The Extent and Effect of Employer Compliance with the Accommodations Mandates of the Americans with Disabilities Act
This study looks at employer compliance in providing accommodations for workers that become disabled while employed since the passing of the Americans with Disabilities Act (ADA) of 1990. Prior to this research, no articles have examined whether this legislation has changed the extent to which workers with disabilities are accommodated or how a change in accommodation has affected their employment.
The study uses data from the Health and Retirement Study (HRS) that surveys more than 22,000 individuals every 2 years to examine this area.
The primary research questions for this study are:
1. Has the accommodations mandate set forth in the ADA legislation changed the incidence of accommodations among workers with disabilities?
2. Contrary to a requirement in the ADA for commensurate wages, did employers lower the wages of workers who were accommodated post-ADA?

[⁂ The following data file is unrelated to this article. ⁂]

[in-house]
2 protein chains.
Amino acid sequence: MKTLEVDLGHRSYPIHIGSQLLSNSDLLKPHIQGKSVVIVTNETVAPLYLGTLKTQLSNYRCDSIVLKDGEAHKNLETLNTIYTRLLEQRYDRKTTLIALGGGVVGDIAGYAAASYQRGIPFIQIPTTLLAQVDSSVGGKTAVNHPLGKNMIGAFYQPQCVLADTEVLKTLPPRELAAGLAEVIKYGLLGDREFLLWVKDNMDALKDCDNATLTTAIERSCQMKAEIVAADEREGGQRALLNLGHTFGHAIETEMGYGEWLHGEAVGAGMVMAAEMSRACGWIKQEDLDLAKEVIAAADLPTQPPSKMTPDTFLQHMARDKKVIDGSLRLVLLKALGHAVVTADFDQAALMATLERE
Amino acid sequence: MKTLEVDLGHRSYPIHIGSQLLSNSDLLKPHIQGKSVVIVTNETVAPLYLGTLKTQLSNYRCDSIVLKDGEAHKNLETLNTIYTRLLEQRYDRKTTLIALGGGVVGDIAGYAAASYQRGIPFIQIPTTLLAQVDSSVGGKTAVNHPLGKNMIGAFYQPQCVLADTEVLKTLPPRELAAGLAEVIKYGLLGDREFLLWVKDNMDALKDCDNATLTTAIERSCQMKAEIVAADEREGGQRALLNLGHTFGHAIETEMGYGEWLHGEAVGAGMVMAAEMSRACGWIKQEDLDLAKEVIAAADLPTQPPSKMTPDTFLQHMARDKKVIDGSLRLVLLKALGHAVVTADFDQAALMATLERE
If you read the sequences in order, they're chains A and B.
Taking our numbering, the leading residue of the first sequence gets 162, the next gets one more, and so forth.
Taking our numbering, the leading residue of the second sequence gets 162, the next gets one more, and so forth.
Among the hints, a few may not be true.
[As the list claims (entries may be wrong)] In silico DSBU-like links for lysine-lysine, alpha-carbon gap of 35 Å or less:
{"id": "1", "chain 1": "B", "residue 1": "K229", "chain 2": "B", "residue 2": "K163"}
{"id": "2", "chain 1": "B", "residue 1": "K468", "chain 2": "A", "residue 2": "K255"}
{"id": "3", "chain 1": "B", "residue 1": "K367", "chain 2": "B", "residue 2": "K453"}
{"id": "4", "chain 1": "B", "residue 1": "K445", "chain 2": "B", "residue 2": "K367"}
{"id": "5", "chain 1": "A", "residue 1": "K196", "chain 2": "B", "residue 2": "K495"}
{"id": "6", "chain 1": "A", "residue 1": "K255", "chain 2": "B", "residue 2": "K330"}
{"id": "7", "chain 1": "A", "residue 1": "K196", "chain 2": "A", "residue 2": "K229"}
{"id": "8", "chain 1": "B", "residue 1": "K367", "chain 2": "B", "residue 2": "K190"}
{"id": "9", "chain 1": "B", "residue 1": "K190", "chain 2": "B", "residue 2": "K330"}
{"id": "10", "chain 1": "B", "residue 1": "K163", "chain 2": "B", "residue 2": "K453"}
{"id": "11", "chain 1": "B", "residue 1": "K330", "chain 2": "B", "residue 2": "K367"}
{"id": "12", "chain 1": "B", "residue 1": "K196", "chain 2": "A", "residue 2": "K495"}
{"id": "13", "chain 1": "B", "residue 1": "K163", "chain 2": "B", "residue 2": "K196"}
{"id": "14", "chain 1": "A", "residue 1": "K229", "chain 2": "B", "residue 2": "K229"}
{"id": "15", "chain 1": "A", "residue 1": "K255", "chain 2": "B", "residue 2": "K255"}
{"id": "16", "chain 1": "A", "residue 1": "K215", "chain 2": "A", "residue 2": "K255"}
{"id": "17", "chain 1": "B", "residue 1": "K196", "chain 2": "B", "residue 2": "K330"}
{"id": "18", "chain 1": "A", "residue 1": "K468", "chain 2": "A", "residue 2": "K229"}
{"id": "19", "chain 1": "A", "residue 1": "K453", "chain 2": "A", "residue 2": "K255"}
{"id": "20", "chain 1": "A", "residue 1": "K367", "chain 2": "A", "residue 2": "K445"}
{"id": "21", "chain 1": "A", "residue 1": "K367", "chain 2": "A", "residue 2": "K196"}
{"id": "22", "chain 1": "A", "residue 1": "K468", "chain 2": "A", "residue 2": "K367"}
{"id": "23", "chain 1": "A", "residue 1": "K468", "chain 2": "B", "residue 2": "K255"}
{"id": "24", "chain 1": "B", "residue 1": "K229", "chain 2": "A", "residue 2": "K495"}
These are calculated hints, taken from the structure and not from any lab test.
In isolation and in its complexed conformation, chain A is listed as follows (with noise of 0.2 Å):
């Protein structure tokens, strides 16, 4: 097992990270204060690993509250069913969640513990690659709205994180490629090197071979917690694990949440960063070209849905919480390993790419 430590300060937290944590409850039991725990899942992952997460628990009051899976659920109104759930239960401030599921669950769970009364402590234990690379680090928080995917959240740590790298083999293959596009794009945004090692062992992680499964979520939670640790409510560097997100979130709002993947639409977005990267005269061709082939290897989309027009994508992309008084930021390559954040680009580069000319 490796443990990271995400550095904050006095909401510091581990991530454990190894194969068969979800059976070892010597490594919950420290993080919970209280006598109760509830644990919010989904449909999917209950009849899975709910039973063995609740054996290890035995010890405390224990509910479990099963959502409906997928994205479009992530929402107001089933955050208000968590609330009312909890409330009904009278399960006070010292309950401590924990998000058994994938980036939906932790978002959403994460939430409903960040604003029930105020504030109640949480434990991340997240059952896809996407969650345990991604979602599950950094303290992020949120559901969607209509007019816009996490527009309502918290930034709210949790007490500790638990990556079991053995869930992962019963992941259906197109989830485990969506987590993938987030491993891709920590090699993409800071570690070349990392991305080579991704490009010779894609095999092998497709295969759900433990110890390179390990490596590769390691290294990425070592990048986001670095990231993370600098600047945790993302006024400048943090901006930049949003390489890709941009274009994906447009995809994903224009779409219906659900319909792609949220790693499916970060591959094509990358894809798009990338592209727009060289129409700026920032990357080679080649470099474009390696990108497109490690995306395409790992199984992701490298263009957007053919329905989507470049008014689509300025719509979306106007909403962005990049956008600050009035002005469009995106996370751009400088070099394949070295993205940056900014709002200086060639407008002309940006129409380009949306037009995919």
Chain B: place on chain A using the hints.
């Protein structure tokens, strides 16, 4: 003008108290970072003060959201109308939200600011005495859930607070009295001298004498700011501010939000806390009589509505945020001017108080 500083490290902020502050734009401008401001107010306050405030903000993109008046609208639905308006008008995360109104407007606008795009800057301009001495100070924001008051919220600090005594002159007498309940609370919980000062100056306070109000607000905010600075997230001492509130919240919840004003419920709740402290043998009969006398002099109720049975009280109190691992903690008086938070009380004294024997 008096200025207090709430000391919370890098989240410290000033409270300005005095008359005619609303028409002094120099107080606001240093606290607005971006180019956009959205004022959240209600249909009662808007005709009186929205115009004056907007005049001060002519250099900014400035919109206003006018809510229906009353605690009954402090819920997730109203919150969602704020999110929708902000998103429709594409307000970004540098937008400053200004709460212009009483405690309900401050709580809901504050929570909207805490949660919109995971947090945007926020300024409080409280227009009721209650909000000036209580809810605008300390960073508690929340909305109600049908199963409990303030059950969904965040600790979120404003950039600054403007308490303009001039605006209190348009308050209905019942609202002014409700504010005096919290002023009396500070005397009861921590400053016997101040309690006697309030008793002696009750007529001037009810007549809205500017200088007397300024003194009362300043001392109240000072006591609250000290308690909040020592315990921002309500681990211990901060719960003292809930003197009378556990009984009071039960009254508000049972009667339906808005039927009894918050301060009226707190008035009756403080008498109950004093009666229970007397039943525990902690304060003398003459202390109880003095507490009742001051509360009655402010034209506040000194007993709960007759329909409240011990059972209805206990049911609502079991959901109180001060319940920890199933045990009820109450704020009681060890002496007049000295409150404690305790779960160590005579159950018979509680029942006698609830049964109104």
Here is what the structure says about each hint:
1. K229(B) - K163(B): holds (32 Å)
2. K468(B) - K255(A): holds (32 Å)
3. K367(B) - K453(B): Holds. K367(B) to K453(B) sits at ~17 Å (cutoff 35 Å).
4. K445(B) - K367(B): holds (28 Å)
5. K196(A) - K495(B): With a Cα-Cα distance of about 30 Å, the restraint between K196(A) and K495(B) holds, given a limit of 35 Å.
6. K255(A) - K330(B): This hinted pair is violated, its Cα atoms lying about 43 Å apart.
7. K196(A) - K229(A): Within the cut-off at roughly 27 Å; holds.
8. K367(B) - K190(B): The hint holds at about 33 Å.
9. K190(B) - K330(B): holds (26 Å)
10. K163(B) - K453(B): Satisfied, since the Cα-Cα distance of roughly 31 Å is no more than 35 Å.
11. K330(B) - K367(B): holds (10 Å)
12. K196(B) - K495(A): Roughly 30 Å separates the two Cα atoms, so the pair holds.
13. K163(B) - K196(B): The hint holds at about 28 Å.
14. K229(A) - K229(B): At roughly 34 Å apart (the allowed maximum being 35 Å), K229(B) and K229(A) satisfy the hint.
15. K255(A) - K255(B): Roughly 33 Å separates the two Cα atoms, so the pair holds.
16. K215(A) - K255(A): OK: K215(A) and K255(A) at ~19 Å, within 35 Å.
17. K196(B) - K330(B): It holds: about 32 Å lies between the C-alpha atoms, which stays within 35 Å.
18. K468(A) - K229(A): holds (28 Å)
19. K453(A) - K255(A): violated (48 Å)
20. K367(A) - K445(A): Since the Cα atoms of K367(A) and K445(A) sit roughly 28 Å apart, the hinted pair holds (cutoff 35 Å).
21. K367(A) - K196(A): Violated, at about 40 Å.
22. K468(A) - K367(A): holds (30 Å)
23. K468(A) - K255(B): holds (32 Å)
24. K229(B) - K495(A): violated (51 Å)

3. What was the effect of accommodations on job separation, and has that effect changed since passage of the ADA?
Results from this study show that, first, there is a slight increase in the frequency of accommodation since the passing of the ADA legislation. Next, there is evidence that since the ADA became law, employers have passed some of the costs of accommodations on to their workers in the form of lower wages. Finally, employer-provided accommodation increases labor market attachment and therefore shows a decrease in job separation in the first two years after disability onset. However this increase was seen both before and after the passing of the ADA legislation.
This is what the author of the study described as a surprising result as it would be expected to see a larger increase in attachment post-ADA.
Charles, K.K. (2004). The Extent and Effect of Employer Compliance with the Accommodations Mandates of the Americans with Disabilities Act. Journal of Disability Policy Studies, 15:2, 86-96.